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An Artist’s Notebook of Sorts

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3 December 2021

gratuitous image

No. 8,475 (cartoon)

When one door closes, another one opens.

Every prisoner knows that.

4 December 2021

An Area of Opportunity

Cordelia served perhaps the most amazing pasta I’ve ever had, but not in an epicurean way. I rarely say this about anything that’s not potentially toxic, but it was inedible. It appeared that her technique was to partially cook the pasta in tepid water without stirring, so I got a block of noodles that had fused together in a hard clump like a tree limb at one end with pasty mush at the extremities.

I liked her old dog too much to surreptitiously feed him the abomination, so I had to delicately explain that the pasta wasn’t prepared the way I prefer. I was relieved when she agreed it was unfit to eat. She said that cooking was her “area of opportunity,” then put a frozen pizza in the oven.

Area of opportunity?! I’ll never learn to speak like a Californian, but then, who’d want to talk like that? Or maybe it’s my area of opportunity?

5 December 2021

Not a Great Writer

Rosaline told me that there’s no such thing as good writing, only good rewriting. When I asked her who said that, she told me to stop being so lazy—I hear that a lot!—and look it up. I broke with tradition and followed her advice.

Louis Brandeis said it. Truman Capote said it. Robert Graves said it. Ernest Hemmingway said it. I stopped after four citations; it appears to be one of those quotations with a thousand parents.

If that proposition is true, then I ’spose that ’splains a lot. I don’t rewrite; I barely correct typos. I have no desire to be a great writer; that sounds like way too much effort, and unrewarding work at that. I’m quite content with being a great friend; that’s not work at all.

6 December 2021

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Planet or Plastic?

David Brower was a friend of mine. Not a close friend, but a great friend. There’s a steel-and-glass building in Berkeley, California named after him, the David Brower Center.

The David Brower Center represents everything David was against. What kind of “hub of environmental activism” doesn’t allow bicycles to be brought into the spacious building? You guessed it, the Brower Center. I cycled by there today and saw a placard advertising an exhibit, “Planet or Plastic? What Do You Choose?” The ad was printed on plastic-coated paper, mounted on a plastic signboard, and secured to a tree with a plastic-covered cable.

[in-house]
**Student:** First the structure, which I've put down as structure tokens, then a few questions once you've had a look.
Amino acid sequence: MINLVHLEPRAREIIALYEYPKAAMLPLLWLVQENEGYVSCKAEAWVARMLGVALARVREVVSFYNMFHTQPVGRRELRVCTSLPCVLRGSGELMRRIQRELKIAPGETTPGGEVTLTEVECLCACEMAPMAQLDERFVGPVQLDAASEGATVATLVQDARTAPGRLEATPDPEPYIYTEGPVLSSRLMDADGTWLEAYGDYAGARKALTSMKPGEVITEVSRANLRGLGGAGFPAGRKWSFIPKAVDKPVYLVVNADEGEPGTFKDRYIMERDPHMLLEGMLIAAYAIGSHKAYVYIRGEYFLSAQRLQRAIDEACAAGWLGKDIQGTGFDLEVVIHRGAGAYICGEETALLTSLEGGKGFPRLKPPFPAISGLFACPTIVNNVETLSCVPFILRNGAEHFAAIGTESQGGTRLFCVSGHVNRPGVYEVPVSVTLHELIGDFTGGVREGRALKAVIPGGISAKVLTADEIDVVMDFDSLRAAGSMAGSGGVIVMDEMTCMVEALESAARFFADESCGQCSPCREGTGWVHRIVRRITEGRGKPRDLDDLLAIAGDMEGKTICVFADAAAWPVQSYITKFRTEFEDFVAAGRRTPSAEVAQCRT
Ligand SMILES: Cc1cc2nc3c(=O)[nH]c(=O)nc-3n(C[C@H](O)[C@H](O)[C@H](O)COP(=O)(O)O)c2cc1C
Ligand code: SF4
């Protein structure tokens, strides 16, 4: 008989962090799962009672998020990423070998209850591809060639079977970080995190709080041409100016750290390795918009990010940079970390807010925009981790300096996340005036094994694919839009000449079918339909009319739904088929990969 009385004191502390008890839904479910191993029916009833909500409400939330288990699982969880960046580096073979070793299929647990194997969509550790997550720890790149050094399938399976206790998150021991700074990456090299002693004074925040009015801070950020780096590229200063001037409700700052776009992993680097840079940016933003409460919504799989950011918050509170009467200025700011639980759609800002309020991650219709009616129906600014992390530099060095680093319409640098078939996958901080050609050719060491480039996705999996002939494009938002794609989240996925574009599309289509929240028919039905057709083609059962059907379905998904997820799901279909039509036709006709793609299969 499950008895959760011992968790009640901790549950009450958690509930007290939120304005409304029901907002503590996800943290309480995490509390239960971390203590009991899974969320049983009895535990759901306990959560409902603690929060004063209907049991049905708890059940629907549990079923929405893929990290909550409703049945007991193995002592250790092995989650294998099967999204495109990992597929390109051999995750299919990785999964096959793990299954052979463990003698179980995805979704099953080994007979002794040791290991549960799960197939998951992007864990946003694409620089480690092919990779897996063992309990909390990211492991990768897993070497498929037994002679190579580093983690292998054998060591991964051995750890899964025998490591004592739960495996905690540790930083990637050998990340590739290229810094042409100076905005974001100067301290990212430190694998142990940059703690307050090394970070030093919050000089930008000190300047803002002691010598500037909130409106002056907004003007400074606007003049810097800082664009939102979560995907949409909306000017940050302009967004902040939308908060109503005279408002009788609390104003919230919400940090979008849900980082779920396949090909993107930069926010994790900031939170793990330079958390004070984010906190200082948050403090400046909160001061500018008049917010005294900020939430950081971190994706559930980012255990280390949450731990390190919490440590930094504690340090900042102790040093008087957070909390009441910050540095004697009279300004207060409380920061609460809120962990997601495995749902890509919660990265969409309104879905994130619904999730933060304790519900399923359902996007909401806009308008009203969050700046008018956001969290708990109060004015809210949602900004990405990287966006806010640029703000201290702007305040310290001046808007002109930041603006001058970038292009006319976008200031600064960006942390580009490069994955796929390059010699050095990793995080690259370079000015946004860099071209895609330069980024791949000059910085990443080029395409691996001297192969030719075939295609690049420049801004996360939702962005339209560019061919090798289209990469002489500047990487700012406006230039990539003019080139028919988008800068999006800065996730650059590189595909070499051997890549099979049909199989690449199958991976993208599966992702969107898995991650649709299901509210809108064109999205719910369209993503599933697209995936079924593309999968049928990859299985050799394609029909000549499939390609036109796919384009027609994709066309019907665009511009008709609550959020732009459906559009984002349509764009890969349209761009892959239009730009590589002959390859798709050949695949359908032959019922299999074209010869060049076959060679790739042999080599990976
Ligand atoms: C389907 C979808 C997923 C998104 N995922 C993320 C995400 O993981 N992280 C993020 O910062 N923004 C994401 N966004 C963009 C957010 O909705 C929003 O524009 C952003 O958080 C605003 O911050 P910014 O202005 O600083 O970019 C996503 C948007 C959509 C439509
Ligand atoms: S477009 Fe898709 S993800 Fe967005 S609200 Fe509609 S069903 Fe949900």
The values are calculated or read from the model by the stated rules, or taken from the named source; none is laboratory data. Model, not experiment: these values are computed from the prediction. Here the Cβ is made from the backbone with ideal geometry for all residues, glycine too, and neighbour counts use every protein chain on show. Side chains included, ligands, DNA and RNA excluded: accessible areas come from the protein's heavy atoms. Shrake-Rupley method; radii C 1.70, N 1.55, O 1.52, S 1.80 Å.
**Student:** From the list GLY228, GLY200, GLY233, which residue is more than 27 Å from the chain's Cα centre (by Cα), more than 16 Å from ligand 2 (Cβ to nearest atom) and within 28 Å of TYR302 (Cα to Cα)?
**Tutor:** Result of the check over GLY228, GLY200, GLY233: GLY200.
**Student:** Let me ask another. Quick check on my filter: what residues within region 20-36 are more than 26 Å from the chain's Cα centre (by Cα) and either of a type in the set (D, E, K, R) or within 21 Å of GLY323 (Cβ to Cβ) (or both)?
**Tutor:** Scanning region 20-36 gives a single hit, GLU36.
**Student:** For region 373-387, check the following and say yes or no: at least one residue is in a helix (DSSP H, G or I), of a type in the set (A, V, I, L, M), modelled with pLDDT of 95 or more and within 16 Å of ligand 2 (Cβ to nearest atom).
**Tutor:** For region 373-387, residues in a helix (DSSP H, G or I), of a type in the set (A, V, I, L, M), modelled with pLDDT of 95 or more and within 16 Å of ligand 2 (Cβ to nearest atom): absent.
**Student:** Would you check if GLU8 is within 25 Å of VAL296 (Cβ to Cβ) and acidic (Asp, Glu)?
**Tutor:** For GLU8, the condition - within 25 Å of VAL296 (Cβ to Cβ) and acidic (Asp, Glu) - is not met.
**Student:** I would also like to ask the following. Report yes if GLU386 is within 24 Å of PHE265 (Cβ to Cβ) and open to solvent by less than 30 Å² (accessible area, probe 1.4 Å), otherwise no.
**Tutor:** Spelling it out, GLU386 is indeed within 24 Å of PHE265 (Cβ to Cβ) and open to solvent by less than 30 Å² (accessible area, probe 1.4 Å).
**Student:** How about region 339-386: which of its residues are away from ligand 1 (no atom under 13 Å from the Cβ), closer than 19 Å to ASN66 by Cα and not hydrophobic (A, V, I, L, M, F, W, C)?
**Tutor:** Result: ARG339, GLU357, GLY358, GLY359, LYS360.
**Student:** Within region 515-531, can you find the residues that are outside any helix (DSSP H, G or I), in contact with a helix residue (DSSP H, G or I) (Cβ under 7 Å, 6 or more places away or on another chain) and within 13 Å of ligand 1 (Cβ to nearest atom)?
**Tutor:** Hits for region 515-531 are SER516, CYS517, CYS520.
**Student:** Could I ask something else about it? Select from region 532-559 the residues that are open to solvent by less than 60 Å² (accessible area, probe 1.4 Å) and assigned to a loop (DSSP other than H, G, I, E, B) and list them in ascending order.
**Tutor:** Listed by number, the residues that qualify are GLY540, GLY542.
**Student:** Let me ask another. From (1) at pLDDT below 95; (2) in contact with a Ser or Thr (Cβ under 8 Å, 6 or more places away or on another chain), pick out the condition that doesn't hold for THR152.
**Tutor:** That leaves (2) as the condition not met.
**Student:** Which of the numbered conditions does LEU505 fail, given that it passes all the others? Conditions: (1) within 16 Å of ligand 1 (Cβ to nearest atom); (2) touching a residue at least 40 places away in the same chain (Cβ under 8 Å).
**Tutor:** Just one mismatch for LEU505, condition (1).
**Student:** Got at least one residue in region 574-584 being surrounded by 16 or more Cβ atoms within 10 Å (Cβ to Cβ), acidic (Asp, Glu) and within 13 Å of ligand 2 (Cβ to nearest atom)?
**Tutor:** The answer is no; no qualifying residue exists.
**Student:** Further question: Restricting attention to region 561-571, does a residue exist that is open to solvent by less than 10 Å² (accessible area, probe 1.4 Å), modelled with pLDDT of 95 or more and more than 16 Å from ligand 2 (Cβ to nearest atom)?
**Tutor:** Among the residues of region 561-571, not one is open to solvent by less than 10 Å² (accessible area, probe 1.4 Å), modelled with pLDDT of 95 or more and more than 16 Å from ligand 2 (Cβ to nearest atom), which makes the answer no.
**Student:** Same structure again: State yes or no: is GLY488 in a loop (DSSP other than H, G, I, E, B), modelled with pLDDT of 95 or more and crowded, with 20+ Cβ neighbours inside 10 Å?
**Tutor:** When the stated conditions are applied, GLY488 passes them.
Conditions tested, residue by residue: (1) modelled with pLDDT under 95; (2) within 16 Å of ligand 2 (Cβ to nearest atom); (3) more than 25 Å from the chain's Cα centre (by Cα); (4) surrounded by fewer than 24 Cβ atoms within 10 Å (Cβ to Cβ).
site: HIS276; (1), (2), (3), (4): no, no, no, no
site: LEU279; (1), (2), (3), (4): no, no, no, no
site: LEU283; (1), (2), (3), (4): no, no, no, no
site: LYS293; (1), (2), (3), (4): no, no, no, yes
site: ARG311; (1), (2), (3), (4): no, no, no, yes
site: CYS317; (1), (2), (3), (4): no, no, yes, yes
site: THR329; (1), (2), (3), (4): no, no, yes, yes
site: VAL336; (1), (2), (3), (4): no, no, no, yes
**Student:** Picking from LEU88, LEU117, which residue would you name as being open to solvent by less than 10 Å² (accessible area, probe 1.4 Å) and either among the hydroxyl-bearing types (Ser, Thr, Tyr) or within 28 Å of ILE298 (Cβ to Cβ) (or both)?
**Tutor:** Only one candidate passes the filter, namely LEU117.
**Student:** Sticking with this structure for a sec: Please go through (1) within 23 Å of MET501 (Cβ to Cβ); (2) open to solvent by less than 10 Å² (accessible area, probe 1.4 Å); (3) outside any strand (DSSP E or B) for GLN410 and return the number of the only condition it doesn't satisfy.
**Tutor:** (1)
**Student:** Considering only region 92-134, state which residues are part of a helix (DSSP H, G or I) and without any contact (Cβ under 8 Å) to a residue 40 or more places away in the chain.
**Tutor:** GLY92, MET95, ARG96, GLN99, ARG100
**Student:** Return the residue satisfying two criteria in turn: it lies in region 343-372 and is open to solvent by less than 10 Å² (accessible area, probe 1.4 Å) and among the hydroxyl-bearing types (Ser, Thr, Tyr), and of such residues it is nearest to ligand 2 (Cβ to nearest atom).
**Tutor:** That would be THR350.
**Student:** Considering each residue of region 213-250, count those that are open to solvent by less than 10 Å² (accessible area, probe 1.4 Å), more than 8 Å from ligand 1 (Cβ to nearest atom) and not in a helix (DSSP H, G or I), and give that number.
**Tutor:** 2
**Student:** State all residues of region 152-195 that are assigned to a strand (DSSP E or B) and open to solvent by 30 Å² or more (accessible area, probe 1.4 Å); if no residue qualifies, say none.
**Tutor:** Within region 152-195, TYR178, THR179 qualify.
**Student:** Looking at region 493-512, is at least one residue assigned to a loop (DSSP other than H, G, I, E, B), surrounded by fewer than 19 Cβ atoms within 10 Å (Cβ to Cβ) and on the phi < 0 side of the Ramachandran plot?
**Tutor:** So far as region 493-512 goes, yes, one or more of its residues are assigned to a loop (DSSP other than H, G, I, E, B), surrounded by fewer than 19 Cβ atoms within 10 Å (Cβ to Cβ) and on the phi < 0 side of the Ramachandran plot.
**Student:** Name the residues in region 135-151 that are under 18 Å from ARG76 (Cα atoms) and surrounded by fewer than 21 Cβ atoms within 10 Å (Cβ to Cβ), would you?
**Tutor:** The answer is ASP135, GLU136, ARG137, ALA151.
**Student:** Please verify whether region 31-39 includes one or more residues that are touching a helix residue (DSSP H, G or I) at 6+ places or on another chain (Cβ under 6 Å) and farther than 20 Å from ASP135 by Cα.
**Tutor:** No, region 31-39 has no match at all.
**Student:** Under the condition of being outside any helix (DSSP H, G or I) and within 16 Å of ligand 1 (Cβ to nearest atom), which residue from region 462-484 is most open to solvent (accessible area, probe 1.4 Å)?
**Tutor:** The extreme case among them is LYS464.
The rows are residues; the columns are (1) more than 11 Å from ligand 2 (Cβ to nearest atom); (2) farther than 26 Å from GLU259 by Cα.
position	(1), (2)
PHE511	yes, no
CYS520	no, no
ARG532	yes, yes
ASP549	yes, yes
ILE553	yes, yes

Hypocrisy and irony don’t get much better than that!

David’s been gone for over twenty years, but I wish he could come back for a couple of days, drive out the administraitors, and/or blow up the building.

7 December 2021

Beyond the Default Mode Network

I’m quite pleased to be on Dan Piraro’s mailing list. Unlike the junk I send, his musings are not a waste of time. He recently wrote, “We’ve discussed the brain’s ‘default mode network’ ... it’s the part of your brain that glances at things and tells you what they are so you don’t have to identify every object, sound, or sensation every second of your waking life.”

(Let the record show that he and I have never discussed anything, but that’s neither here nor there.)

I’m intrigued by the concept of making a photograph of something that’s not what appears to be. I like it so much that I might just tear myself away from the glowing embrace of my computer monitors and attempt to create such an image.

Maybe later ...

8 December 2021

gratuitous image courtesy of Exit International

Swiss DiePod

Exit International, a Swiss company, has created the Sarco Suicide Pod. The contraption is basically a portable gas chamber with a view. Just pick a nice spot, seal yourself in and flip a switch. Out goes the oxygen, in comes the nitrogen, and away you go!

I read that the device was originally called the DiePod, but Apple Incorporated already trademarked the name. If Apple ever does make one I’ll bet it will be much snazzier and cost five times as much. I think it would be worth it if it also erased my digital presence so as not to leave too much of a mess for anyone to clean up.

(A quick personal note to all my friends who worry too much: I am enjoying my charmed life and have no plans to return to Switzerland again let alone anytime soon.)

9 December 2021

The Art of the Scam

Loic Gouzer, who previously worked at Christie’s Auctions, has started a new company, Particle. Investors paid almost thirteen million dollars for a Banksy painting. A digital copy of the painting is being chopped up into ten thousand pieces, or nonfungible tokens. For only fifteen hundred dollars you can own your own Banksy pixels, complete with a certificate of authenticity and a map showing what part of the digital copy of the painting you own.

“Fractionalizing the work in 10,000 NFTs allows a much wider audience to be part of a collecting experience,” Gouzer explained.

Sounds like the art of the scam to me; I like it!

I came up with a better version of that almost thirty years ago, Moonrisettes, but I would say that, wouldn’t I? I claimed I was going to cut up an original print by Ansel Adams into one-inch squares and sell each one individually. I never had the print to begin with; I just liked the idea of destroying one piece of art to make three hundred and twenty new ones.

Ask any conceptual artist, it’s the thought that counts!

10 December 2021

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Six Claremont Avenue Paving Concerns

Six Claremont Avenue Paving Concerns bears a strong visual resemblance to a piece I made seven years ago, Sixteen Defined Conservatory Drive Cavities. I don’t like either of them very much. Maybe that will change. Maybe it won’t.


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©2021 David Glenn Rinehart

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